There must be a system for vetting subcontractors. If not, it can lead to OSHA citations

and expensive legal defenses. Past OSHA cases demonstrate how this can easily

happen if you do not have a process in place to ensure subcontractors have the skills and

experience to get the job done safely. Increasingly general contractors are using

online services to check the safety and OSHA history of subcontractors.

In today’s economy, an increasing number of workers are assigned by staffing agencies to work at specific host worksites under the direction and control of the host employer. 

Examples include seasonal workers, such as delivery drivers and warehouse workers, who may be placed in both short- and long-term assignments. In these situations, it is important for the staffing agency and the host employer to communicate and coordinate to provide and maintain a safe work environment for their workers.

In other situations, some workers are employed by a host employer and others by a contractor or subcontractor. 

Examples include electrical or mechanical contractors working in a facility, a vendor installing or maintaining equipment, or long-term contractors providing building cleaning and maintenance. 

OSHA refers to these as “multi-employer” worksites. In these circumstances, it is important that each employer and contractor consider how its work and safety activities can affect the safety of other employers and workers at the site.

In both temporary worker and multiemployer situations, safety is enhanced if employers establish mechanisms to coordinate their efforts and communicate effectively to afford all workers equal protection against hazards. These mechanisms include measures to ensure that all workers on site (and their representatives) can participate in preventing injuries and illnesses

Failure to take these steps may undermine safety programs. For example, if the different employers have inconsistent policies for when and where to wear personal protective equipment, workers may mistakenly believe that the equipment is not needed, leading to injury.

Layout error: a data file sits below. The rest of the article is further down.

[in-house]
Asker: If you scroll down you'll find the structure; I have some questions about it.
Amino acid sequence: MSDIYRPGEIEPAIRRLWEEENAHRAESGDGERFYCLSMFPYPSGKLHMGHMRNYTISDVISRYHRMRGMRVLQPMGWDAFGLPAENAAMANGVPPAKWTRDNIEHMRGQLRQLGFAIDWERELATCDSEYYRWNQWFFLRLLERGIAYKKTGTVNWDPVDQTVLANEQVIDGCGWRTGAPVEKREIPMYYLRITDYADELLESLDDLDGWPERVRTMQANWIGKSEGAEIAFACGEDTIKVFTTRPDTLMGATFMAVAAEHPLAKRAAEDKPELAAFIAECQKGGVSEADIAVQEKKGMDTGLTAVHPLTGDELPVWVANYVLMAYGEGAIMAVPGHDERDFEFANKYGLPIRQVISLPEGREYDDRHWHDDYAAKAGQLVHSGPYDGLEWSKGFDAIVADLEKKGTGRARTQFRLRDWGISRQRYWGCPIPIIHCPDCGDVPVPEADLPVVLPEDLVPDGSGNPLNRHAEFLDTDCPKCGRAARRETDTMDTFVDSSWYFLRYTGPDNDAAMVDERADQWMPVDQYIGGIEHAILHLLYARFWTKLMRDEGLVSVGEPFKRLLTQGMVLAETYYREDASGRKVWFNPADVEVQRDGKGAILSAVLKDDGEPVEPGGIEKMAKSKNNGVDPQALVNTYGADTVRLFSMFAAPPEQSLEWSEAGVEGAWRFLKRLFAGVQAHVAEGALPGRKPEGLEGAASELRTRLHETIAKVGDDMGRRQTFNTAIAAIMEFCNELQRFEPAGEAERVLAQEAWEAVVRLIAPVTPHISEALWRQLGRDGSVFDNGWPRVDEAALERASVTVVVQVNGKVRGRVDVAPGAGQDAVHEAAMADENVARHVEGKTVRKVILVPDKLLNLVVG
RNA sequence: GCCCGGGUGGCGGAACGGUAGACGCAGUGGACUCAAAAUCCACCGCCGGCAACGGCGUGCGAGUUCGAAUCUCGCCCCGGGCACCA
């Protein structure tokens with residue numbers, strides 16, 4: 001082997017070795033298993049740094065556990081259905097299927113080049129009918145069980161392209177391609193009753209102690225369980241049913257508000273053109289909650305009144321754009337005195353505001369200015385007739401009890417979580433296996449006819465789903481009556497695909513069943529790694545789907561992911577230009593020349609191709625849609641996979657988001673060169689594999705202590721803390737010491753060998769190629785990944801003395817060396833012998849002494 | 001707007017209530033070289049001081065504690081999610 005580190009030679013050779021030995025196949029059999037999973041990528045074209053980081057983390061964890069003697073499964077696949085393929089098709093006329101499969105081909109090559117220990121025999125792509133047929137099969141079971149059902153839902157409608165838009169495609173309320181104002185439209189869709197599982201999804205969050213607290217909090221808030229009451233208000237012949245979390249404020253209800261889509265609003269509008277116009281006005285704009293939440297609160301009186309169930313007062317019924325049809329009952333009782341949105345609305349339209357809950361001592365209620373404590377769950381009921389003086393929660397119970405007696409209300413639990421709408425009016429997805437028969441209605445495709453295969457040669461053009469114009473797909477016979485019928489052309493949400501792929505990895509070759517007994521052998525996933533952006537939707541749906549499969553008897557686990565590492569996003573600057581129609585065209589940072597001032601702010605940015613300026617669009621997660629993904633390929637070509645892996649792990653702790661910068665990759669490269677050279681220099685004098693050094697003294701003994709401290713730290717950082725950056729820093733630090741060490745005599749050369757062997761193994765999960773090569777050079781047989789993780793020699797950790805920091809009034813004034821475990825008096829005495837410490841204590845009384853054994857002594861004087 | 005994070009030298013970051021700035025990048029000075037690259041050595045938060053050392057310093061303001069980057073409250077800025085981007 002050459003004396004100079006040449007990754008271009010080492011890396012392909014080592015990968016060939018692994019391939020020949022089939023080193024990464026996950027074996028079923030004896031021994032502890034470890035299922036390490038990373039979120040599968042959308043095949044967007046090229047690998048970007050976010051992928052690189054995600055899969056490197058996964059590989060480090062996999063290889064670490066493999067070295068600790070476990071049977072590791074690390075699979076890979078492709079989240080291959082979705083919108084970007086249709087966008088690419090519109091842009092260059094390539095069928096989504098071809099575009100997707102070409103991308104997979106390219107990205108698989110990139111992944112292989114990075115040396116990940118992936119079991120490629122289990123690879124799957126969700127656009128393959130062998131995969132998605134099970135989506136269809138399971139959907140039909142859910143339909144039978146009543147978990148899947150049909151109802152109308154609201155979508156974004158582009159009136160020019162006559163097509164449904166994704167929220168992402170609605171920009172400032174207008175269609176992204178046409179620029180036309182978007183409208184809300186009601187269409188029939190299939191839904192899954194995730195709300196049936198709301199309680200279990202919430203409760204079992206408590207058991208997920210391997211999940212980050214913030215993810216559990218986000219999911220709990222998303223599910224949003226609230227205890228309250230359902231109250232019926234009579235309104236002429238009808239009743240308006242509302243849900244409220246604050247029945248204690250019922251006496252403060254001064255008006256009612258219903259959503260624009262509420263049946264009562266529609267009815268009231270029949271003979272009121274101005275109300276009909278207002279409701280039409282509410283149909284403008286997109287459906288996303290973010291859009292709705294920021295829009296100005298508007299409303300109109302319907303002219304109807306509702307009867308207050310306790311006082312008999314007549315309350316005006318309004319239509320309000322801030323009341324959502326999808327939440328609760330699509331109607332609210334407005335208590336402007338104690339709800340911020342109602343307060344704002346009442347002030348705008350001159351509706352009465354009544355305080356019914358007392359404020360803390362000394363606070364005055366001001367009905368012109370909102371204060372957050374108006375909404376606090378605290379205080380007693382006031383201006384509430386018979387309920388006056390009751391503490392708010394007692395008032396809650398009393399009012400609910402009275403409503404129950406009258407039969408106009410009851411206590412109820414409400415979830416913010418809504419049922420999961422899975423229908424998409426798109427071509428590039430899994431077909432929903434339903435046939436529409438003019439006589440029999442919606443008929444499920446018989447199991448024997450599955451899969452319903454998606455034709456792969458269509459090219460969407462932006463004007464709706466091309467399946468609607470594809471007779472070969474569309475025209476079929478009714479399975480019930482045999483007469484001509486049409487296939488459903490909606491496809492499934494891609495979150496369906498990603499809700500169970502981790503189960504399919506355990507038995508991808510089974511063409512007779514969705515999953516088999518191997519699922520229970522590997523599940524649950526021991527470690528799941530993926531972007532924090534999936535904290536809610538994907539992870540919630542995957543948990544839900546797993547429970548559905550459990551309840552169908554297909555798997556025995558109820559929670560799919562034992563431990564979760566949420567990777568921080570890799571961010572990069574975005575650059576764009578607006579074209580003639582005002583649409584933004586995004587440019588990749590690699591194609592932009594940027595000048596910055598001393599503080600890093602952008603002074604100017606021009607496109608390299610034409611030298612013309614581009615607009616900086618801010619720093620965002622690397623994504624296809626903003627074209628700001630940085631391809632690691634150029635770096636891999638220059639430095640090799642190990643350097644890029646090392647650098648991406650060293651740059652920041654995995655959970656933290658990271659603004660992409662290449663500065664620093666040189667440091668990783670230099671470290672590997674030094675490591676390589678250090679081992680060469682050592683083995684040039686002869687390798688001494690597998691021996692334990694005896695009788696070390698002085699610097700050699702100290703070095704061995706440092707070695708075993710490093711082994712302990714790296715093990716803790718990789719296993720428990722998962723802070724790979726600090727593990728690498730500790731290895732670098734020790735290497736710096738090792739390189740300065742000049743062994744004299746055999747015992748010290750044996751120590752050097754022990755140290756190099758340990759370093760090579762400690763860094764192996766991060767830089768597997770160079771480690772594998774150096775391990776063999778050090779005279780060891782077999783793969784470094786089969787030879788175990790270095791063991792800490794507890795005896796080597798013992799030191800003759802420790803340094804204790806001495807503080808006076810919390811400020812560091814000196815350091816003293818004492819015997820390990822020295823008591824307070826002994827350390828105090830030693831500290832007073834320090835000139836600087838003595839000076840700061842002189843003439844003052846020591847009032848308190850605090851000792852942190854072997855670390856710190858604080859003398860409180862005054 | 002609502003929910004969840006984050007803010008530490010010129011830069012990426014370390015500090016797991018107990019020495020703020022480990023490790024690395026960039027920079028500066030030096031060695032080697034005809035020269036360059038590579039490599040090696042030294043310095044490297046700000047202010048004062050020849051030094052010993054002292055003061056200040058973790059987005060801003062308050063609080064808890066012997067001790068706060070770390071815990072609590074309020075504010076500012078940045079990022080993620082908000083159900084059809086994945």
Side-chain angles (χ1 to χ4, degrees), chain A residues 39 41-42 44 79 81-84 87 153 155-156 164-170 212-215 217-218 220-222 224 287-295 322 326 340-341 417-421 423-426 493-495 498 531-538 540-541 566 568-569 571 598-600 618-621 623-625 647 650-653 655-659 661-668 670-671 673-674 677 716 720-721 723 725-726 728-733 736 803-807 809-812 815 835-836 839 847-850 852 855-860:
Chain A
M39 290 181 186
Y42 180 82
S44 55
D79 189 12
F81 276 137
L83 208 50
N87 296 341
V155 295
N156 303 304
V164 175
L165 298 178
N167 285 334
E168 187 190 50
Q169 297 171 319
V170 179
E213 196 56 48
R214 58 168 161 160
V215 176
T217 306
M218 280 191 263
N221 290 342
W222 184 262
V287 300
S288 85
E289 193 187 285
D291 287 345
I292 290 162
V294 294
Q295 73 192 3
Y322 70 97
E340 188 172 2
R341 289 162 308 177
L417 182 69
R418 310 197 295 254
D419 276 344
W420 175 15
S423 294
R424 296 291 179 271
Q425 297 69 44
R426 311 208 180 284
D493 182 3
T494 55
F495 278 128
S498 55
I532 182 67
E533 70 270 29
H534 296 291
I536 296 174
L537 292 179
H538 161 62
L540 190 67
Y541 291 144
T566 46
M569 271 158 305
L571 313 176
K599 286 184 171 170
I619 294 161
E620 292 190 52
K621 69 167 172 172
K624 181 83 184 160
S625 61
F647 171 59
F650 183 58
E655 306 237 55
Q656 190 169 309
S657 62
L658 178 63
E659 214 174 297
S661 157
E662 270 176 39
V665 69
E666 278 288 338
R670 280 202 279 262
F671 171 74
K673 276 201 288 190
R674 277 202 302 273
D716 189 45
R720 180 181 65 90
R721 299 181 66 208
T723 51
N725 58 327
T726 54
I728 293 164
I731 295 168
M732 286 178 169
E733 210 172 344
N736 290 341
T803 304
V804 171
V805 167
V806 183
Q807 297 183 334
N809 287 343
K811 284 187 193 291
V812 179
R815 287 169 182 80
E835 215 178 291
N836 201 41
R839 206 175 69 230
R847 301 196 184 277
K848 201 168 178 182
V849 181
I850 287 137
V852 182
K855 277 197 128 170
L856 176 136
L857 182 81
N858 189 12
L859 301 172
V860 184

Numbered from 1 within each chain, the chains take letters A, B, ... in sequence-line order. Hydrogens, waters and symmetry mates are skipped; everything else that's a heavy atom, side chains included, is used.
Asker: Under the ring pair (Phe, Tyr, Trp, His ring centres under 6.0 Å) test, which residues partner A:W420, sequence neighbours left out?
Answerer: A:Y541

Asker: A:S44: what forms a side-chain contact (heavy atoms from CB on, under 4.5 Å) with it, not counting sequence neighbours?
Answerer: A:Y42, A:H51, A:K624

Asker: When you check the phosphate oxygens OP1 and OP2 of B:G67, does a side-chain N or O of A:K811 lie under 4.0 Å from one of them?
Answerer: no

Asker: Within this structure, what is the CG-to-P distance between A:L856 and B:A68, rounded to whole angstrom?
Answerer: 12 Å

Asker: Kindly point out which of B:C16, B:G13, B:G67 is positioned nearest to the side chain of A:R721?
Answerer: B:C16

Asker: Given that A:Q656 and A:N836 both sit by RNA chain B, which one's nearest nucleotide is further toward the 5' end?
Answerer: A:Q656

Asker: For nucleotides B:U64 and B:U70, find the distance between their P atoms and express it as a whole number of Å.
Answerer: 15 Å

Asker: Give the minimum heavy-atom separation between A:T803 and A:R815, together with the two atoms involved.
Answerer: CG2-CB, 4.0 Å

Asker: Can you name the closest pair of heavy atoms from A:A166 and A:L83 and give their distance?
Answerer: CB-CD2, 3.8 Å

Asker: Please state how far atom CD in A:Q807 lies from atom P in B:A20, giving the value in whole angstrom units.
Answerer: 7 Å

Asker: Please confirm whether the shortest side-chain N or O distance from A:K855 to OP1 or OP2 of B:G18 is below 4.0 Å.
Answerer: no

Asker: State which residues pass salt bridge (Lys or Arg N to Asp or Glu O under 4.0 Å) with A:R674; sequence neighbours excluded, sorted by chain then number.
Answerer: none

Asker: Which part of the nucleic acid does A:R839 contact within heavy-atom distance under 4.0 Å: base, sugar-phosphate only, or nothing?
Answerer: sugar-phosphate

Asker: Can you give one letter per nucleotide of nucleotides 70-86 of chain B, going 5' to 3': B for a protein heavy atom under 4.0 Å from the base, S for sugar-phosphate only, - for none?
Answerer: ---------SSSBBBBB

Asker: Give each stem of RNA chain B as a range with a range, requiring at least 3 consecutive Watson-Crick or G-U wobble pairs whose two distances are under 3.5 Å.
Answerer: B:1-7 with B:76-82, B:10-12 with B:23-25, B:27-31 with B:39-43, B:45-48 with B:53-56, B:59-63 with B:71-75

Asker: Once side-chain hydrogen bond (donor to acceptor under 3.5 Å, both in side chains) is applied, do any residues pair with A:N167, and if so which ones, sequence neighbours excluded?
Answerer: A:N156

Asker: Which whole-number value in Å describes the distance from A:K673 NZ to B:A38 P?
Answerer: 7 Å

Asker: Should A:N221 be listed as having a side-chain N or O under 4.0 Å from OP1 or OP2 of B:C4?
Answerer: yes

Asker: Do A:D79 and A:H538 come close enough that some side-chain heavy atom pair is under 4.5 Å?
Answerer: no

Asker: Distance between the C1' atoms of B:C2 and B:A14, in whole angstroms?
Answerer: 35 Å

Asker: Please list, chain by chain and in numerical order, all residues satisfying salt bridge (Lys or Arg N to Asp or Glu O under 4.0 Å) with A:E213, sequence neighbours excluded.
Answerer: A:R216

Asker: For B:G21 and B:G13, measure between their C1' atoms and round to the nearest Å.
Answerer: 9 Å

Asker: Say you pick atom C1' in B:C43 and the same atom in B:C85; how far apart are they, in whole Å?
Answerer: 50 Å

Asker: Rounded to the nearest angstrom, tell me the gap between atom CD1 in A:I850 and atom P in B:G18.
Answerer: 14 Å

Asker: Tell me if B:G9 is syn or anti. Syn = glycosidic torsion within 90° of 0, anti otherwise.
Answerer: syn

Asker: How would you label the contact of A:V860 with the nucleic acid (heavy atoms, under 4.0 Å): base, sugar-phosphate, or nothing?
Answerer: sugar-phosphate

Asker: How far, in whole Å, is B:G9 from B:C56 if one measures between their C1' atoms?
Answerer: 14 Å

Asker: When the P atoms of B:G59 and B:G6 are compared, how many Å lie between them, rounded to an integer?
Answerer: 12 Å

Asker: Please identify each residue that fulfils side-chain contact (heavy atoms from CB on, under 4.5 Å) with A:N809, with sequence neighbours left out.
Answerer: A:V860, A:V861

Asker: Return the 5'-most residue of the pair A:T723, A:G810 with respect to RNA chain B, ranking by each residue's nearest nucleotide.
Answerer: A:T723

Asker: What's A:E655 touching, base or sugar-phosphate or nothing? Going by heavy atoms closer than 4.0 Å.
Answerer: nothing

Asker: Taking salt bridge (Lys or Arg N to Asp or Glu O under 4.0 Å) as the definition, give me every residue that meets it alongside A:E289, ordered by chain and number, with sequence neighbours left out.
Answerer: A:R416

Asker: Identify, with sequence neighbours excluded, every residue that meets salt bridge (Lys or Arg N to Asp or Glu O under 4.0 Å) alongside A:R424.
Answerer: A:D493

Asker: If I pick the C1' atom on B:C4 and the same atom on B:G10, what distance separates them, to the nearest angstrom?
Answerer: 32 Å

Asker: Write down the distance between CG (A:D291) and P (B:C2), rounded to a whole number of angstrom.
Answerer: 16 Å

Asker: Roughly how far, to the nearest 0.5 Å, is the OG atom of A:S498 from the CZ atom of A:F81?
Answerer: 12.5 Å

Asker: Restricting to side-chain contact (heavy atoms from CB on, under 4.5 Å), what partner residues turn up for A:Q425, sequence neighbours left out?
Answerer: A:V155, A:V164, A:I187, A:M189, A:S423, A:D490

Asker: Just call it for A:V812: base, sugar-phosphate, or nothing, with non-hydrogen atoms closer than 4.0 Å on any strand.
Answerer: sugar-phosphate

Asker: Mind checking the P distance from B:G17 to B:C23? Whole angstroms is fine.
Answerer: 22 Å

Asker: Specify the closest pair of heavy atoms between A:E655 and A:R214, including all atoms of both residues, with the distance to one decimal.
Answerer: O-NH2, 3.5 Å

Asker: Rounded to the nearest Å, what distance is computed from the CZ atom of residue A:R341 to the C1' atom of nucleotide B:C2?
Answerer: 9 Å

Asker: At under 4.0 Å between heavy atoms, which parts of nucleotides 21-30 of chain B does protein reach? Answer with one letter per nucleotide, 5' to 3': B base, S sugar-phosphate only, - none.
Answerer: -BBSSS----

Inconsistent safety policies may also cause workers to question the credibility of safety and health programs, resulting in less meaningful employee engagement and participation.

Effective communication and coordination among such employers mean that, before coming on site, contractors and staffing agencies and their workers are aware of:

  • The types of hazards that may be present.
  • The procedures or measures they need to use to avoid or control their exposure to these hazards.
  • How to contact the host employer to report an injury, illness, or incident or if they have a safety concern.

It also means that host employers and their workers are aware of:

  • The types of hazards that may arise from the work being done on site by workers employed by contractors or staffing agencies.
  • The procedures or measures needed to avoid or control exposure to these hazards.
  • How to contact the contract or staffing firm if they have a safety concern.
  • What to do in case of an emergency.

Action items to accomplish the seventh step:

Action item 1: Establish effective communication

Action item 2: Establish effective coordination

Here are resources the organization should consider accomplishing this step:

Multi-Employer Policy 1999

Temporary Employees:

Temporary Employees:

Owners, managers, supervisors, and workers all need to understand the safety and health program’s structure and goals.

Having this knowledge and a plan to implement ensures that everyone can fully participate in the company’s safety and health workplace culture.

End of Simple But Not Easy.